Great Wall at Badaling
Visit the Great Wall at Badaling on a day trip from Beijing, as part of a China highlights tour, or even on a layover; many packages include a restaurant lunch and a visit to a jade workshop, while a few also include cable car tickets. Some day trips combine the Great Wall at Badaling with nearby attractions, such as the Guyaju Caves or the nearby Badaling Ski Resort. Other additions include Longqing Gorge, which has an ice sculpture festival in winter, or the Ming Tombs, a grand imperial graveyard that’s a UNESCO World Heritage Site. Alternatively, opt to pair the Great Wall at Badaling with imperial sights in Beijing, such as the Forbidden City, Tiananmen Square, the Summer Palace, or the Temple of Heaven.
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Things to Know Before You Go
Easily accessible from Beijing, the Great Wall at Badaling is a good choice for time-pressed travelers.
The wall can be bitterly cold in winter. Wear gloves, a warm coat, and a hat that covers your ears.
Ramps and elevators make the Great Wall at Badaling the easiest stretch of the wall for travelers who use wheelchairs. Ask your tour operator to phone ahead to ensure elevator access.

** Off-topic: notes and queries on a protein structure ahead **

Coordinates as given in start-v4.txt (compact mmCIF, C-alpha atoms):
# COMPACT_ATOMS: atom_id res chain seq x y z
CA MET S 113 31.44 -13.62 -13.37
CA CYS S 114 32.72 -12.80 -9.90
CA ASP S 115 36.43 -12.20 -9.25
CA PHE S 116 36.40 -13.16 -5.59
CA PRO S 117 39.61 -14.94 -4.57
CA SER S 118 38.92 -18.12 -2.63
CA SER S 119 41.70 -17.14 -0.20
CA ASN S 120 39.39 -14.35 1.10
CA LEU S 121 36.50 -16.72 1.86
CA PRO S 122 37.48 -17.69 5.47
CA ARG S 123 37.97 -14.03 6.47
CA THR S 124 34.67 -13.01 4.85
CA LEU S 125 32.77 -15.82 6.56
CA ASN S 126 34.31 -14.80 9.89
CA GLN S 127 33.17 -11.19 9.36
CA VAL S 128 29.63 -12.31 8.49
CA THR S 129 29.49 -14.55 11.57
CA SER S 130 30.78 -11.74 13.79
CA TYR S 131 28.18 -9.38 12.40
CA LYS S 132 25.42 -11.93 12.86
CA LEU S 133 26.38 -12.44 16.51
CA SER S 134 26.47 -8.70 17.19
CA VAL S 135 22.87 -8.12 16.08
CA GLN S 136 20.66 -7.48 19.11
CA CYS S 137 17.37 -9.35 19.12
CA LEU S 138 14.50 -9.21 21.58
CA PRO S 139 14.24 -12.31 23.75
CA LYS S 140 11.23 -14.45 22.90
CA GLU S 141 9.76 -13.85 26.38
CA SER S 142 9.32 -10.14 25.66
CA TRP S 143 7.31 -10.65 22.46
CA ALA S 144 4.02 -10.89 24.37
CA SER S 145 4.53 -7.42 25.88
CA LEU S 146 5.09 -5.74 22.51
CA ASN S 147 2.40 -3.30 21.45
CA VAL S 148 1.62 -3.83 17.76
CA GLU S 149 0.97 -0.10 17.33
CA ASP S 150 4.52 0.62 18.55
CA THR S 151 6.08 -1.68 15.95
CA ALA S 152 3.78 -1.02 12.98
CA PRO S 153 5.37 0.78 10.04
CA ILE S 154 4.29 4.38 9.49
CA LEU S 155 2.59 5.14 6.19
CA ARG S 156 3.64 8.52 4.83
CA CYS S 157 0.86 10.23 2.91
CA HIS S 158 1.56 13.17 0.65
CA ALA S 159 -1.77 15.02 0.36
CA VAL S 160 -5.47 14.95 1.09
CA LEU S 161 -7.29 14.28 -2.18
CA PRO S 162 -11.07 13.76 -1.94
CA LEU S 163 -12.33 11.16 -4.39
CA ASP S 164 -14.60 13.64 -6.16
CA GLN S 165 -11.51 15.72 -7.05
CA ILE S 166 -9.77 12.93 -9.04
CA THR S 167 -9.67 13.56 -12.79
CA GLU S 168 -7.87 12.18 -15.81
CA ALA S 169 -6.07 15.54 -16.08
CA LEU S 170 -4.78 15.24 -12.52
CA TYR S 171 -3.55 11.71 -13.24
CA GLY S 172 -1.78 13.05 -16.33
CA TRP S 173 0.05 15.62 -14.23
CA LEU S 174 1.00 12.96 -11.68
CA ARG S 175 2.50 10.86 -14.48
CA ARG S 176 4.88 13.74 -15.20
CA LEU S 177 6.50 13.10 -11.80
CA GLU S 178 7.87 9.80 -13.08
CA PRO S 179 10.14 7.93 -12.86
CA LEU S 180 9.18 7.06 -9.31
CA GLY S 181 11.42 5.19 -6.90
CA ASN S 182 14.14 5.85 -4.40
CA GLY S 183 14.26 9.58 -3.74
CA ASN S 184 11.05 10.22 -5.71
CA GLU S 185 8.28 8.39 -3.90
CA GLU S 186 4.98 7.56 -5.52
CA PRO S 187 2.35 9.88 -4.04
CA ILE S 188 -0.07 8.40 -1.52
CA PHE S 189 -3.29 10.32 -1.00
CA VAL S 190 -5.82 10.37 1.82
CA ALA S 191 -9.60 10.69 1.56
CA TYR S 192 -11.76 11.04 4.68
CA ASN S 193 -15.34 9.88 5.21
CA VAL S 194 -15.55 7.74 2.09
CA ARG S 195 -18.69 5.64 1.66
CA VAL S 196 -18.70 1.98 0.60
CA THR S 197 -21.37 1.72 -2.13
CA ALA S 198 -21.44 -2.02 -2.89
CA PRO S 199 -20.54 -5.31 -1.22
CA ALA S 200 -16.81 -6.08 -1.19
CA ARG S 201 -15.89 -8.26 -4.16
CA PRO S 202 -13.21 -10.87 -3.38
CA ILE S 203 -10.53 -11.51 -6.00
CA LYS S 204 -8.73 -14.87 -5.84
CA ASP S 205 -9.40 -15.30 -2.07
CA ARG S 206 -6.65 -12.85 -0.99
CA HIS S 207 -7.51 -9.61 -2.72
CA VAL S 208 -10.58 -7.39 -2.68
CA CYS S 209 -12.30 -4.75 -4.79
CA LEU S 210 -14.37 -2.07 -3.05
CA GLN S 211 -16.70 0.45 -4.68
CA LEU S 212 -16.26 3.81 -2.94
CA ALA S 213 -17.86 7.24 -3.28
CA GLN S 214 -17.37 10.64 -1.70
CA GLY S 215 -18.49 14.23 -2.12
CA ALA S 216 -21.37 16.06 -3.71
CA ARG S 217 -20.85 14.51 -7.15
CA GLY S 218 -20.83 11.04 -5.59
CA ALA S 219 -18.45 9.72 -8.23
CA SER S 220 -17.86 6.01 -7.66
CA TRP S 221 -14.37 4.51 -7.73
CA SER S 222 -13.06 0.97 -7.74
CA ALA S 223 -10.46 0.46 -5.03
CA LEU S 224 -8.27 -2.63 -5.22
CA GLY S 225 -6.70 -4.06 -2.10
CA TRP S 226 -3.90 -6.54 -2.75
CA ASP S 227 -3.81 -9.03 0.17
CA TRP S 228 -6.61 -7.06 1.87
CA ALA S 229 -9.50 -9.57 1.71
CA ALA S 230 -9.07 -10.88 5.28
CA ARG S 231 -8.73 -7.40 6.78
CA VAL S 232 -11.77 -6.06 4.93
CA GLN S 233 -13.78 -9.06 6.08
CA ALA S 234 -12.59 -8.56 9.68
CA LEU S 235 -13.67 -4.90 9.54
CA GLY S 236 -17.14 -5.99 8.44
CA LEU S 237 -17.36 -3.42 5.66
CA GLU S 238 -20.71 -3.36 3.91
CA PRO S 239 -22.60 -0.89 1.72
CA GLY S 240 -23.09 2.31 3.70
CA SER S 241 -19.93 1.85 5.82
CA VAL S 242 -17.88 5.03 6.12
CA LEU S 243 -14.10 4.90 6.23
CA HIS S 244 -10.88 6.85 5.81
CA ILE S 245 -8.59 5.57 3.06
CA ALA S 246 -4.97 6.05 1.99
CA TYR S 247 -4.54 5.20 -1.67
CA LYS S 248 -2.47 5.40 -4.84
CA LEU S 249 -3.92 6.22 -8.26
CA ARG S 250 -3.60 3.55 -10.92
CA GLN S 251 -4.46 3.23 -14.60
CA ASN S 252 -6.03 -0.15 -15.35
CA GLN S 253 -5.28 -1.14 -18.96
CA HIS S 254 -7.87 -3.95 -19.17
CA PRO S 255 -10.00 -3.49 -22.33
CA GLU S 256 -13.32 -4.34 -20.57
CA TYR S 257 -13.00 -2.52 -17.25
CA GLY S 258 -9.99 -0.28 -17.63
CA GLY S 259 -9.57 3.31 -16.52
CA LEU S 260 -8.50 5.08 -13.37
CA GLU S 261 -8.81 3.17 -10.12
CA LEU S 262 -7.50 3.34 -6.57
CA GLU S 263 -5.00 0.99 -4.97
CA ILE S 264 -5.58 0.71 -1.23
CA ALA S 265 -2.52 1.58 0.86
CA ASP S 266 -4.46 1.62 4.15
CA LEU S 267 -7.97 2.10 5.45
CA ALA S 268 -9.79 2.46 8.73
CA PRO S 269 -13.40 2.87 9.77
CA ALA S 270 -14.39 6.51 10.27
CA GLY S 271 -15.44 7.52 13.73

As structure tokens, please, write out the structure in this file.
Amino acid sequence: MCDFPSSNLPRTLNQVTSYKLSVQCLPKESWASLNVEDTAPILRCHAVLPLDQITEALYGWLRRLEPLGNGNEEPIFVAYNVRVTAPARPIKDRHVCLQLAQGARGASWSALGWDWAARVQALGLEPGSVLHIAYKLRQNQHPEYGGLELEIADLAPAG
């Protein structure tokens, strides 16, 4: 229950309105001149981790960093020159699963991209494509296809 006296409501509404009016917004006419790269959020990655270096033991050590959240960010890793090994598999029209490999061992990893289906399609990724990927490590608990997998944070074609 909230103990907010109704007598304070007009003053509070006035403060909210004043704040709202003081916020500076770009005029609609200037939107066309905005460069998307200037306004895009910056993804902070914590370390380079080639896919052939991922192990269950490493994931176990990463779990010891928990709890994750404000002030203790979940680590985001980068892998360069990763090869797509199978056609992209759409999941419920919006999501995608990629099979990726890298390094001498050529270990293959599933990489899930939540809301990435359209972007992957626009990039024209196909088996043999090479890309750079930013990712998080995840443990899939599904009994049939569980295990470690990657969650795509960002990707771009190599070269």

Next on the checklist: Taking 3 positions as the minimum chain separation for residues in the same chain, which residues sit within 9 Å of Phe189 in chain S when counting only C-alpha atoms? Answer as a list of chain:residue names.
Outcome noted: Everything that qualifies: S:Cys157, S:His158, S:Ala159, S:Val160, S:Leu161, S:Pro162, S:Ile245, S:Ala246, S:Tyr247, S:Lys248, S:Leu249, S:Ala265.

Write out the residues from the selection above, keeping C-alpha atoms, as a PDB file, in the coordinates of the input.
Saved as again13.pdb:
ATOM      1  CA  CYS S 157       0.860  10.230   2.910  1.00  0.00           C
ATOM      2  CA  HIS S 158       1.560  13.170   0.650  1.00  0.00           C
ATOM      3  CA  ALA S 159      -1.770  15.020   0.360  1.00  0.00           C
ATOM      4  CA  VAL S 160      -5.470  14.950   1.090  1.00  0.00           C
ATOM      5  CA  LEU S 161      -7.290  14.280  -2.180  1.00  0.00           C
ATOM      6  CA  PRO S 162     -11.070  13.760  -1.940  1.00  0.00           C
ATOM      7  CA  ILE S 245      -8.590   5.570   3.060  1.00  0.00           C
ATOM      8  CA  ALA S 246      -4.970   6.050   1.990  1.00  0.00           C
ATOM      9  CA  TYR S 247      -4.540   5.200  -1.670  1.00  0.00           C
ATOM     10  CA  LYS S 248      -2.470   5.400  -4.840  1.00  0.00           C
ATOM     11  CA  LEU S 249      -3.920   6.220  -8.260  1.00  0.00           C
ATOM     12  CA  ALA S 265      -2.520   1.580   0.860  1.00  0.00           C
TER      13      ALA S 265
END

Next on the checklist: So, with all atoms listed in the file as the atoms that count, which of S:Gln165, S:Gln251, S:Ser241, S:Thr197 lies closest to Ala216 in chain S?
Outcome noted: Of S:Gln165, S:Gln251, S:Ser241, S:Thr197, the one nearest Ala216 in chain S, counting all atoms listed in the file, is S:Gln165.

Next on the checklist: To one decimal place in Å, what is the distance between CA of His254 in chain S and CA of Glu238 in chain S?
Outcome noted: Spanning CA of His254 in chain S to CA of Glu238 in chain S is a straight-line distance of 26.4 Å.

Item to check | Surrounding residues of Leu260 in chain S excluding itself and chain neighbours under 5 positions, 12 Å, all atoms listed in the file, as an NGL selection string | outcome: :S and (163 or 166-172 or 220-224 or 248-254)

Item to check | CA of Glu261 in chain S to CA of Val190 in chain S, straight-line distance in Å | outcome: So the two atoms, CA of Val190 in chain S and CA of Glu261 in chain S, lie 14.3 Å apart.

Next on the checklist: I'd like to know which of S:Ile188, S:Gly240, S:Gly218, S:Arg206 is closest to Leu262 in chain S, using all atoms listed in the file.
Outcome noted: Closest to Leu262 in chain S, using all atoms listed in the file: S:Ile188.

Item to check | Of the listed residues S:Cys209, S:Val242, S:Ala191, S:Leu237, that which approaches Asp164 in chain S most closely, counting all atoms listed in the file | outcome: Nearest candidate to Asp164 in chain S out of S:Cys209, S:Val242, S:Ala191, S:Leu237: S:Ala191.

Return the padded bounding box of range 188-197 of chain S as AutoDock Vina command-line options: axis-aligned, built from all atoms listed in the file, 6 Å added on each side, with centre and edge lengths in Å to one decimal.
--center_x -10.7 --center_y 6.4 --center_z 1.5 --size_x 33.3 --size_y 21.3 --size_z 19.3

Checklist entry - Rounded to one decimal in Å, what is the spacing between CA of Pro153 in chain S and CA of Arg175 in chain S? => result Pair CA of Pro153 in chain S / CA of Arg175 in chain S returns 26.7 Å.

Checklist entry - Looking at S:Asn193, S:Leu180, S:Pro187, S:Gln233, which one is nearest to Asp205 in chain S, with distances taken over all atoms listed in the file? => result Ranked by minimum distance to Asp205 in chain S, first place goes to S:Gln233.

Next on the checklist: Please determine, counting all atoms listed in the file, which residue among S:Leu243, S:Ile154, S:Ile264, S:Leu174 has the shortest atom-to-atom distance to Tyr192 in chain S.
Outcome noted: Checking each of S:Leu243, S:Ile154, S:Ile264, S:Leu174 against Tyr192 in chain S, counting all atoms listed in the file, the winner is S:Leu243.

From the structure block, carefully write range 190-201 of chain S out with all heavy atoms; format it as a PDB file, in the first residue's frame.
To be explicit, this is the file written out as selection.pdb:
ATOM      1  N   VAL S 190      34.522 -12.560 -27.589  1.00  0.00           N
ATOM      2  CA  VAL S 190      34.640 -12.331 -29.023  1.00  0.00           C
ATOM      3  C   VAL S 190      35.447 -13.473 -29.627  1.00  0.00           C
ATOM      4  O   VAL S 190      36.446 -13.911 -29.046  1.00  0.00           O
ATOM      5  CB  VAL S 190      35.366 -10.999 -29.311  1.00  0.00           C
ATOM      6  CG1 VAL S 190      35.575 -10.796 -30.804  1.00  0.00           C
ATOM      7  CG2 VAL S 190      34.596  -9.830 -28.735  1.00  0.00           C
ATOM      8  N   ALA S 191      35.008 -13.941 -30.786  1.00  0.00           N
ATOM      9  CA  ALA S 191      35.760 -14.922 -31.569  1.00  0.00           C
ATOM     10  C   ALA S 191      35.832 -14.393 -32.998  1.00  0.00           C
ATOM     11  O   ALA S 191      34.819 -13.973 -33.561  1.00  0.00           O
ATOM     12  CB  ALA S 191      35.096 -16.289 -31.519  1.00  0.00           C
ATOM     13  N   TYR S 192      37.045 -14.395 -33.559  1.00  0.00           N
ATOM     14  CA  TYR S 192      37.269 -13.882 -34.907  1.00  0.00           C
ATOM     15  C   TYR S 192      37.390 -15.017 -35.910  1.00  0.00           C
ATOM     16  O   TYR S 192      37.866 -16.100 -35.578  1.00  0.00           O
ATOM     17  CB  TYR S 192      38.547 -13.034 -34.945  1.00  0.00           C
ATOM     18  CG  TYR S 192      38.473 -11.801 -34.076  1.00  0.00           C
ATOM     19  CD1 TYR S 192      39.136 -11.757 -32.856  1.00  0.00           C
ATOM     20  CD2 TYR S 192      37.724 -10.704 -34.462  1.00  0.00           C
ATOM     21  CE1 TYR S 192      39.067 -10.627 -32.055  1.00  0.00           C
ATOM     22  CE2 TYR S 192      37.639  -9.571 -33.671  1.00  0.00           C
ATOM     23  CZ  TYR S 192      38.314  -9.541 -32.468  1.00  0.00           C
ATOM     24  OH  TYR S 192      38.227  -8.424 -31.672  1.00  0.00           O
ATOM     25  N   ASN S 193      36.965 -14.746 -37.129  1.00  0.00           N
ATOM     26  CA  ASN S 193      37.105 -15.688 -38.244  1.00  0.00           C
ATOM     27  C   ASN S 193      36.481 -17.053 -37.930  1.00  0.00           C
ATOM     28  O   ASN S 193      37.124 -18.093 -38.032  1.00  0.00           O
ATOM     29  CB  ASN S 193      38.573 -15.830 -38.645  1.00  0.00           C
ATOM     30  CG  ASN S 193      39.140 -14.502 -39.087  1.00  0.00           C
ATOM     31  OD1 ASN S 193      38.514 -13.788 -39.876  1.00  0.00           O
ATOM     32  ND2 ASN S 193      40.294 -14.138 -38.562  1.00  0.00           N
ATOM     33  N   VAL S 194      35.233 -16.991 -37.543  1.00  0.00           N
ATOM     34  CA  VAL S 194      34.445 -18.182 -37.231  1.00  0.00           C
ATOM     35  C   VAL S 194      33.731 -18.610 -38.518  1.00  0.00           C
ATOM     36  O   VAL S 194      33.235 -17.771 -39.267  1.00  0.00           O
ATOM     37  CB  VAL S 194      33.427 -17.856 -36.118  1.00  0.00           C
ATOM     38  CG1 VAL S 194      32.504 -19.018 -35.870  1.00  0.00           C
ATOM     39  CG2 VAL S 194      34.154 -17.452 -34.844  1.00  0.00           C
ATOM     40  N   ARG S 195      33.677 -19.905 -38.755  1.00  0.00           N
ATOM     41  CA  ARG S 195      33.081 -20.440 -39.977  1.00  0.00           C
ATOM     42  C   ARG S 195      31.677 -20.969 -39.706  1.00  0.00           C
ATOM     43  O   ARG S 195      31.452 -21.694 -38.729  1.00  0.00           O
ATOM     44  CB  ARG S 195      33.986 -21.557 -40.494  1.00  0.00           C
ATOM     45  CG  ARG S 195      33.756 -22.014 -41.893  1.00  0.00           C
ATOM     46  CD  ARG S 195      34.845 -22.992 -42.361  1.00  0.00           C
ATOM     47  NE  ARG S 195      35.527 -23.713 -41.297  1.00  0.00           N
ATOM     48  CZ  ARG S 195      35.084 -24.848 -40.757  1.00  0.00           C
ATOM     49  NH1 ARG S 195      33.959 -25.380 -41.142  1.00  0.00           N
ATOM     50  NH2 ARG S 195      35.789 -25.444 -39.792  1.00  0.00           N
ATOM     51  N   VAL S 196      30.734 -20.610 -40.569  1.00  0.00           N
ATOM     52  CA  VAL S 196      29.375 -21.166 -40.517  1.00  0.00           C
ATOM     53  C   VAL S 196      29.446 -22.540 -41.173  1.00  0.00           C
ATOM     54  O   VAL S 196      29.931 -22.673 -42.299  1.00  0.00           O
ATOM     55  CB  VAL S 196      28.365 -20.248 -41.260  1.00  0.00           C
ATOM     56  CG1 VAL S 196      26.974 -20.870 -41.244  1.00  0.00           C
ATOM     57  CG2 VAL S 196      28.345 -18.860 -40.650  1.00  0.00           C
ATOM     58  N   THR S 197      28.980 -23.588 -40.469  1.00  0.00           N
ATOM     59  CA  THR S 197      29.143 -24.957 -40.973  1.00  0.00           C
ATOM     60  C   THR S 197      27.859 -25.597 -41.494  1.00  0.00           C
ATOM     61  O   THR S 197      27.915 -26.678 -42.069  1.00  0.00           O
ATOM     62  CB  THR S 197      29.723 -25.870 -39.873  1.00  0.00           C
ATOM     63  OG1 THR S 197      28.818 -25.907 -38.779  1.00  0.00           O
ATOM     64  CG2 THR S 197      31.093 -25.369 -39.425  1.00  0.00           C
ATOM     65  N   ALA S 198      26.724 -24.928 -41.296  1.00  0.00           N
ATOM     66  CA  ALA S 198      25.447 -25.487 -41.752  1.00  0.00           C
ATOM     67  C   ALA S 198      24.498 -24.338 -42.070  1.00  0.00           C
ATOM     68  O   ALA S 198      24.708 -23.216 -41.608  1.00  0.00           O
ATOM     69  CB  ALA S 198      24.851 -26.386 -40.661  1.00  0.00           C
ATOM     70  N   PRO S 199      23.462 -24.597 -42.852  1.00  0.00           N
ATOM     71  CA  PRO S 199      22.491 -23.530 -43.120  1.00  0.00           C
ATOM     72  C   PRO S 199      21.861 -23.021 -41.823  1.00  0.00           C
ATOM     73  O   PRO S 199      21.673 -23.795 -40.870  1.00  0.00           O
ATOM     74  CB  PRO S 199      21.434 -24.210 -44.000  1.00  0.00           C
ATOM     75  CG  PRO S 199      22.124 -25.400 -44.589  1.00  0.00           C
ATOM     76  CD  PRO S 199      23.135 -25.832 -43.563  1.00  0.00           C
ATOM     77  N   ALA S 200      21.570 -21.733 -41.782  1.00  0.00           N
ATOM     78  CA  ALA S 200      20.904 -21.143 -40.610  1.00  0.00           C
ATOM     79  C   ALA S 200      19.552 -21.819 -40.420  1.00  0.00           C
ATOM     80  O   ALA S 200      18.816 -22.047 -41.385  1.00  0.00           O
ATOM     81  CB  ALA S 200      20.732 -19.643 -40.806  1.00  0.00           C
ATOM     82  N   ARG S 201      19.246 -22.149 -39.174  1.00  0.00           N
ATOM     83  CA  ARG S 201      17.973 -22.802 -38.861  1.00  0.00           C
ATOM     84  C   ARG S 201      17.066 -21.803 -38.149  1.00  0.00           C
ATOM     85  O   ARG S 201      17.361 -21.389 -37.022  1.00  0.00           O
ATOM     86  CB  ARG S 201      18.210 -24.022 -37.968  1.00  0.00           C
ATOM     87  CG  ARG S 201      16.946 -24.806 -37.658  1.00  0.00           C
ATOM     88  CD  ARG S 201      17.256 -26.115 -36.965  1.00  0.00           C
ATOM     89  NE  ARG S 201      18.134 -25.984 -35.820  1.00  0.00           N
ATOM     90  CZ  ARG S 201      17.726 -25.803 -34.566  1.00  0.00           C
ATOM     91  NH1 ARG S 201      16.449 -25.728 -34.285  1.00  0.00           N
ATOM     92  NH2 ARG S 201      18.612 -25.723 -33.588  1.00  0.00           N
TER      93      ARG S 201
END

How to Get There
The Great Wall at Badaling is about 42 miles (68 kilometers) north of downtown Beijing. It’s easily reached by the suburban S2 train that runs frequently from Huangtudian station in Beijing; to get there, take metro line 8 or 13 to Huoying. When Beijing North railway station reopens at the end of 2019, the S2 will depart from there instead of Huangtudian. To reach Beijing North, take metro line 2, 4, or 13 to Xizhimen.
When to Get There
The Great Wall at Badaling is open from early morning until early evening seven days a week, with slightly shorter hours during winter (November through March). The site is always busy, but don’t even think about visiting on weekends or over the major Chinese holidays: Lunar New Year in late winter and Golden Week at the beginning of October.
How Long Is the Great Wall of China?
Historians date the Great Wall of China to the time of Qin Shi Huang, the first emperor of a united China, in the third century BC, but some of its fortifications are even older than that. After a 5-year survey at the turn of the 21st century, the Chinese government calculated the length of the Great Wall, including all its different branches and constructions from different eras, at 13,170 miles (21,196 kilometers). That’s more than twice as long as previously thought.
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